%timeit sum(x)  # pure Python
3.94 ms ± 4.44 µs per loop (mean ± std. dev. of 7 runs
    100 loops each)
%timeit np.sum(xa)  # NumPy
298 µs ± 4.62 µs per loop (mean ± std. dev. of 7 runs,
    1000 loops each)

We also observe a significant speedup here.

9.  Finally, let's perform one last operation: computing the arithmetic distance between any pair of numbers in our two lists (we only consider the first 1000 elements to keep computing times reasonable). First, we implement this in pure Python with two nested for loops:

d = [abs(x[i] - y[j])
     for i in range(1000)
     for j in range(1000)]
[0.635, 0.587, 0.106]

10.  Now, we use a NumPy implementation, bringing out two slightly more advanced notions. First, we consider a two-dimensional array (or matrix). This is how we deal with the two indices, i and j. Second, we use broadcasting to perform an operation between a 2D array and 1D array. We will give more details in the How it works... section.

da = np.abs(xa[:1000, np.newaxis] - ya[:1000])
array([[ 0.635,  0.587,  ...,  0.849,  0.046],
       [ 0.431,  0.383,  ...,  0.646,  0.158],
       [ 0.024,  0.024,  ...,  0.238,  0.566],
       [ 0.081,  0.033,  ...,  0.295,  0.509]])
%timeit [abs(x[i] - y[j]) \
         for i in range(1000) \
         for j in range(1000)]
134 ms ± 1.79 ms per loop (mean ± std. dev. of 7 runs,
    1000 loops each)
%timeit np.abs(xa[:1000, np.newaxis] - ya[:1000])
1.54 ms ± 48.9 µs per loop (mean ± std. dev. of 7 runs
    1000 loops each)

Here again, we observe a significant speedup.

How it works...

A NumPy array is a homogeneous block of data organized in a multidimensional finite grid. All elements of the array share the same data type, also called dtype (integer, floating-point number, and so on). The shape of the array is an n-tuple that gives the size of each axis.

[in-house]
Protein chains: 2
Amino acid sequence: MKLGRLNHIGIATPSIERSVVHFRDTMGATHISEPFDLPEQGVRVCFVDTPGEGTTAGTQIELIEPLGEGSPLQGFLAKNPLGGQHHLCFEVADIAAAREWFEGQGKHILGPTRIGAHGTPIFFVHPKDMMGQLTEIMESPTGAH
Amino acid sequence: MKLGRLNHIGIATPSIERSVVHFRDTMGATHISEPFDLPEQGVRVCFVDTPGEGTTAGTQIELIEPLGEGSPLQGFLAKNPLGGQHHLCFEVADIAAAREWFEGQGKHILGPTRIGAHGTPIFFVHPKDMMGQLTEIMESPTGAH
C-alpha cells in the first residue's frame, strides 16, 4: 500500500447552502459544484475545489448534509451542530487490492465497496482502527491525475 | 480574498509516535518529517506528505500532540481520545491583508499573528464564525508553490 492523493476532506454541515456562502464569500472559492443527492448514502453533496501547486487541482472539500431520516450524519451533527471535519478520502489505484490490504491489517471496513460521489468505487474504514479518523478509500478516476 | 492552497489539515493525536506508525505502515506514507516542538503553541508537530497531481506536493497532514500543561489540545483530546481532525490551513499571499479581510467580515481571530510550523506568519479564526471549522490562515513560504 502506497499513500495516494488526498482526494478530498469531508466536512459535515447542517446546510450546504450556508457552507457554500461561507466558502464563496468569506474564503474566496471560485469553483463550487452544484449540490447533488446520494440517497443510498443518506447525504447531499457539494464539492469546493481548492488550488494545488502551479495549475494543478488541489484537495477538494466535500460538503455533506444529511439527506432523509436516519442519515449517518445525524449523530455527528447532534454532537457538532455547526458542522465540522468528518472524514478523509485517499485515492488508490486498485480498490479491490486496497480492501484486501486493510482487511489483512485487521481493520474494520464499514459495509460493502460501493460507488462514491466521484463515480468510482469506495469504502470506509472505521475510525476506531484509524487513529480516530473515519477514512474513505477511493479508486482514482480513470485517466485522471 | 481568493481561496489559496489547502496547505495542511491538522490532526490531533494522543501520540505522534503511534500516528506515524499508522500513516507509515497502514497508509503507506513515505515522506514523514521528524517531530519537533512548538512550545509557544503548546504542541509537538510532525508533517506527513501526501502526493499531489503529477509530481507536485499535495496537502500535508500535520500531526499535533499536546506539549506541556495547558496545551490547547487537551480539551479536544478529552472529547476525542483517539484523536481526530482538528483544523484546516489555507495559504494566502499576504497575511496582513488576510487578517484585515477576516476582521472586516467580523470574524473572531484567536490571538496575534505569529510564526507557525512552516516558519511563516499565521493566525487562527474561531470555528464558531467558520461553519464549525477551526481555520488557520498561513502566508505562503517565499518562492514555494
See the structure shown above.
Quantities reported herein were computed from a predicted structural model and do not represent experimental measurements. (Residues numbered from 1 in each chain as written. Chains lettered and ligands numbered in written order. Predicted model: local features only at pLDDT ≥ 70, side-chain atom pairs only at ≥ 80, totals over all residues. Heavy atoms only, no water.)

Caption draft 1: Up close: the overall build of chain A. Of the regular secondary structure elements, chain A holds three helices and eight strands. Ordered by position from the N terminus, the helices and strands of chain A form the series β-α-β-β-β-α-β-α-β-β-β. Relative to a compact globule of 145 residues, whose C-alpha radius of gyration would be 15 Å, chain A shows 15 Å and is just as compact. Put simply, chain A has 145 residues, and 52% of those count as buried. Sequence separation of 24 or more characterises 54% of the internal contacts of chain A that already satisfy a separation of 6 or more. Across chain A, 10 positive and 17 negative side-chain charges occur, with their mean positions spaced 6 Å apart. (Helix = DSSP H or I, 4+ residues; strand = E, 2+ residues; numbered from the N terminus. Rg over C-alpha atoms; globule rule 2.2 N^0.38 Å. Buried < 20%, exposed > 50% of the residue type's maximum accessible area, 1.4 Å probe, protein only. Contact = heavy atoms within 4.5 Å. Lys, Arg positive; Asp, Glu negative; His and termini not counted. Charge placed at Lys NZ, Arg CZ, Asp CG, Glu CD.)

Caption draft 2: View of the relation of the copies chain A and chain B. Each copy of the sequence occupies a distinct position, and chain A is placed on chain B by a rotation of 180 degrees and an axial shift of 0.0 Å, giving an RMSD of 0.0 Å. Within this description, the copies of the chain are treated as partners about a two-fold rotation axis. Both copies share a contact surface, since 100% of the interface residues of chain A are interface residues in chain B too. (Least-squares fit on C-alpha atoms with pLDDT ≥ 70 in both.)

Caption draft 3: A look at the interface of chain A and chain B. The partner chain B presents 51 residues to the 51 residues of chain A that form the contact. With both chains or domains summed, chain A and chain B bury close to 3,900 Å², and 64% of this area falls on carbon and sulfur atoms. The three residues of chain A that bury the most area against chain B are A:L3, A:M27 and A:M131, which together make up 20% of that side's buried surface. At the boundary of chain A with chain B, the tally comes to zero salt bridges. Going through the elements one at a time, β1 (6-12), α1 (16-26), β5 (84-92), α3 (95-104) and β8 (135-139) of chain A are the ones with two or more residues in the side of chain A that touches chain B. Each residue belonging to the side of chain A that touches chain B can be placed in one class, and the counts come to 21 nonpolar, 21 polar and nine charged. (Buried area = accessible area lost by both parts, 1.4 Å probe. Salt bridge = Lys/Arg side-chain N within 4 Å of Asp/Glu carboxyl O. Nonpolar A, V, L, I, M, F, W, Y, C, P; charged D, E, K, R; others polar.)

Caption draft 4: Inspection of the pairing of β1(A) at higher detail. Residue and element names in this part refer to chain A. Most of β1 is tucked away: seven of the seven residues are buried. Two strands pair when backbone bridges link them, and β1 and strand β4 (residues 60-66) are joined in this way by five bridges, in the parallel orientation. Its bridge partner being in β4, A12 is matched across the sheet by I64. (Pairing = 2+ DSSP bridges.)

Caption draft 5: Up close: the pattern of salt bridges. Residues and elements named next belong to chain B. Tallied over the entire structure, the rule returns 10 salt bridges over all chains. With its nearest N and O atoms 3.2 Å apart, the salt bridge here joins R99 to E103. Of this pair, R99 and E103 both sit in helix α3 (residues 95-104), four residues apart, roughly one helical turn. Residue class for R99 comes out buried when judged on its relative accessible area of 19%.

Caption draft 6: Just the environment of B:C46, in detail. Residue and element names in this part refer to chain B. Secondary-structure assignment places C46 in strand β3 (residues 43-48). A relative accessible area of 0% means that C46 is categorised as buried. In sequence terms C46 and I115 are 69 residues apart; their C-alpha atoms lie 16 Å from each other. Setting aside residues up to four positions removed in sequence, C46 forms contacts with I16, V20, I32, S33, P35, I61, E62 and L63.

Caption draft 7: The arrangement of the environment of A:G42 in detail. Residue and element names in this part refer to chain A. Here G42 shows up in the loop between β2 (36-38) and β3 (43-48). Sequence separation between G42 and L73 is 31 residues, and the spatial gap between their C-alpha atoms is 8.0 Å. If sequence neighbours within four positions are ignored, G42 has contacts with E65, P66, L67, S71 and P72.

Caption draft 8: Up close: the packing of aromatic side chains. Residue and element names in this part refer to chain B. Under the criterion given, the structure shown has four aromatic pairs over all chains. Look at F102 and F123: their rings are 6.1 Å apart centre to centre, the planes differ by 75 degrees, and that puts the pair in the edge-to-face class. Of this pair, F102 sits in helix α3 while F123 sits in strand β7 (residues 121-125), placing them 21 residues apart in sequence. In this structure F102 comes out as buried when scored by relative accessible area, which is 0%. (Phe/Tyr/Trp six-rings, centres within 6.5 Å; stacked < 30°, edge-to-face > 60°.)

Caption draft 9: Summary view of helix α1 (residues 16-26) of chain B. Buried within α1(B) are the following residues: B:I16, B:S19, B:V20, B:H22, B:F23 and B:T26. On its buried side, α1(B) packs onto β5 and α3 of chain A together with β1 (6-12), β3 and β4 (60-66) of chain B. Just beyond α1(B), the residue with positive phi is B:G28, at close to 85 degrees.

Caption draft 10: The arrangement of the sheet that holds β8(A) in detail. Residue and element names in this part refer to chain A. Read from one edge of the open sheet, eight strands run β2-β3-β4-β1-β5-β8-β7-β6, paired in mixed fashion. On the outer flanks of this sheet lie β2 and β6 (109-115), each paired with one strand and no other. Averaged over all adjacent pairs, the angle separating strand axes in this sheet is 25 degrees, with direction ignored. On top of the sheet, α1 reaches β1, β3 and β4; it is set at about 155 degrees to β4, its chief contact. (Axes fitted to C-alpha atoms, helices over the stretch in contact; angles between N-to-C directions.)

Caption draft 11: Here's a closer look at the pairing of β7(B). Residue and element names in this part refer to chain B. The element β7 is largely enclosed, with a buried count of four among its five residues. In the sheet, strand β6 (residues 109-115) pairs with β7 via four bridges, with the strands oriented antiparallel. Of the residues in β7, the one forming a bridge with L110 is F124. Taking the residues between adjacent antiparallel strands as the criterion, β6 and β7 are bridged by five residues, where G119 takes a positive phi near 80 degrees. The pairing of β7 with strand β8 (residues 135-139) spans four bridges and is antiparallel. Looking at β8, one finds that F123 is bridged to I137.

A 1D array is a vector; its shape is just the number of components.

A 2D array is a matrix; its shape is (number of rows, number of columns).

The following figure illustrates the structure of a 3D (3, 4, 2) array that contains 24 elements:

A NumPy array

The slicing syntax in Python translates nicely to array indexing in NumPy. Also, we can add an extra dimension to an existing array, using np.newaxis in the index.

Element-wise arithmetic operations can be performed on NumPy arrays that have the same shape. However, broadcasting relaxes this condition by allowing operations on arrays with different shapes in certain conditions. Notably, when one array has fewer dimensions than the other, it can be virtually stretched to match the other array's dimension. This is how we computed the pairwise distance between any pair of elements in xa and ya.

How can array operations be so much faster than Python loops? There are several reasons, and we will review them in detail in Chapter 4, Profiling and Optimization. We can already say here that:

  • In NumPy, array operations are implemented internally with C loops rather than Python loops. Python is typically slower than C because of its interpreted and dynamically-typed nature.
  • The data in a NumPy array is stored in a contiguous block of memory in RAM. This property leads to more efficient use of CPU cycles and cache.

There's more...

There's obviously much more to say about this subject. The prequel of this book, Learning IPython for Interactive Computing and Data Visualization Second Edition, contains more details about basic array operations. We will use the array data structure routinely throughout this book. Notably, Chapter 4, Profiling and Optimization, covers advanced techniques of using NumPy arrays.

Here are some more references:

See also

  • Getting started with data exploratory analysis in the Jupyter Notebook
  • Understanding the internals of NumPy to avoid unnecessary array copying